Parliaments in the Middle East and North Africa: A Struggle for Relevance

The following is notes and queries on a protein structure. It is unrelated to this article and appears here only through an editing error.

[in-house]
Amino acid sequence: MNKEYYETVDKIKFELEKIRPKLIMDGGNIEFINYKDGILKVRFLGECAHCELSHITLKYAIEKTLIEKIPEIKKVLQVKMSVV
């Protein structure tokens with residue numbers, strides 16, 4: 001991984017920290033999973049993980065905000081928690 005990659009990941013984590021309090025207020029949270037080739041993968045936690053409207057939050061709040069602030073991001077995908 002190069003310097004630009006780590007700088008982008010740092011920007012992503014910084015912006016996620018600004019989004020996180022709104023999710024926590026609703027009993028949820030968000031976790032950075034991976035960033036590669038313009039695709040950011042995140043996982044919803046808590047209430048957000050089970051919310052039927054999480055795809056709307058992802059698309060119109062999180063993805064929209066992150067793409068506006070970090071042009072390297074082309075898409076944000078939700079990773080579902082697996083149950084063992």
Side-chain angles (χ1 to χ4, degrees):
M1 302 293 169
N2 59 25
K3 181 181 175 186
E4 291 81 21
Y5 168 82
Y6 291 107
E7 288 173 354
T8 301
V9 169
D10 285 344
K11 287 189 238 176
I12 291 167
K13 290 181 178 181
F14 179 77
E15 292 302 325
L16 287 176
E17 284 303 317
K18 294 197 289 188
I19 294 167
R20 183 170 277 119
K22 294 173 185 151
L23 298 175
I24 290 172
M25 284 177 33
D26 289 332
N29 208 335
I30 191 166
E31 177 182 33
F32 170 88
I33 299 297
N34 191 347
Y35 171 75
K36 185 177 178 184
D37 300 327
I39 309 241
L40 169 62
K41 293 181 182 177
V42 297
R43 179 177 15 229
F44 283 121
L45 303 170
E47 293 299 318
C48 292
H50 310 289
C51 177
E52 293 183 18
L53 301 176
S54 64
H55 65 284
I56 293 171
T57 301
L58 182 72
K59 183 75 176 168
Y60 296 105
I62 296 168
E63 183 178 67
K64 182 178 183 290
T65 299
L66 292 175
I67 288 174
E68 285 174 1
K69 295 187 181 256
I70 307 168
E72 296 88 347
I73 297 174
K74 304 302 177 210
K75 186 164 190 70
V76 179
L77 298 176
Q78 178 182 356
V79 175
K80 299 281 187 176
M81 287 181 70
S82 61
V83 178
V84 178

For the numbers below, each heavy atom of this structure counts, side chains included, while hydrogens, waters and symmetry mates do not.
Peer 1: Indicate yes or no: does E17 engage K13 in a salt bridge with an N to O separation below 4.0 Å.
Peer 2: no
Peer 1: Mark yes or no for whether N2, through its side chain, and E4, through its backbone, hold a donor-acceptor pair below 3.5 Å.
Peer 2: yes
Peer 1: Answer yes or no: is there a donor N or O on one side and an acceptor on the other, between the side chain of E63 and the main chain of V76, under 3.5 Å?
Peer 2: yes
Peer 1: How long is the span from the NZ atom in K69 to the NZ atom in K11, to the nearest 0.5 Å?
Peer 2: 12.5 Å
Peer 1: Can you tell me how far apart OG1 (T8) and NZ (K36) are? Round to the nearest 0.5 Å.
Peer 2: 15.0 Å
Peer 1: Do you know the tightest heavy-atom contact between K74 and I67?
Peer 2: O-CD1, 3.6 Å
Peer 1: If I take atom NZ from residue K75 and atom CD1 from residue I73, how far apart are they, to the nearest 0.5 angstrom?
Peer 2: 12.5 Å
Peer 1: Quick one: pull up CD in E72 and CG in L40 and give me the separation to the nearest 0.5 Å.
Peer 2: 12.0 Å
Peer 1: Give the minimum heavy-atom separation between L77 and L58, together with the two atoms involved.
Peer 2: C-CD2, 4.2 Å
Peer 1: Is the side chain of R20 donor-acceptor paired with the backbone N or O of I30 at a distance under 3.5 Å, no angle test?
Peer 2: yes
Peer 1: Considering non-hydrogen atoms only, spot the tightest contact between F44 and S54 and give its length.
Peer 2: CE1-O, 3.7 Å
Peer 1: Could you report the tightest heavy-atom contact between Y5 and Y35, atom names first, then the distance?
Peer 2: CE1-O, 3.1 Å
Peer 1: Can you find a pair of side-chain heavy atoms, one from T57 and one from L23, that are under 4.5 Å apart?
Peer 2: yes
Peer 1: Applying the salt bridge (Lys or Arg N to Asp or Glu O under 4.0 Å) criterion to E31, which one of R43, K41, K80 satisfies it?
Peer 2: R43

Parliaments in the Arab world have hardly been considered as relevant institutions during the decades of authoritarianism in the post-independence era. If at all, they were of importance as strategic element in the regime’s power-saving strategies. The “Arab Spring” with its loud calls for more democratic and socially just policies opened a phase of retreat for the legislative chambers in the countries concerned, yet to very different avail: for illustration while the Assemblée des Représentants du Peuple in Tunisia gained unprecedented relevance as constitution-maker and governmental watchdog, the Egyptian Maglis al-Sha‘b was dissolved after Islamists sweepingly won the elections, and reinstated only after the old forces had restored their stark grip on power. This Special Issue which takes stock of parliaments in the Arab world ten years after the 2011 uprisings, discusses the state of research and develops a guiding theoretic framework.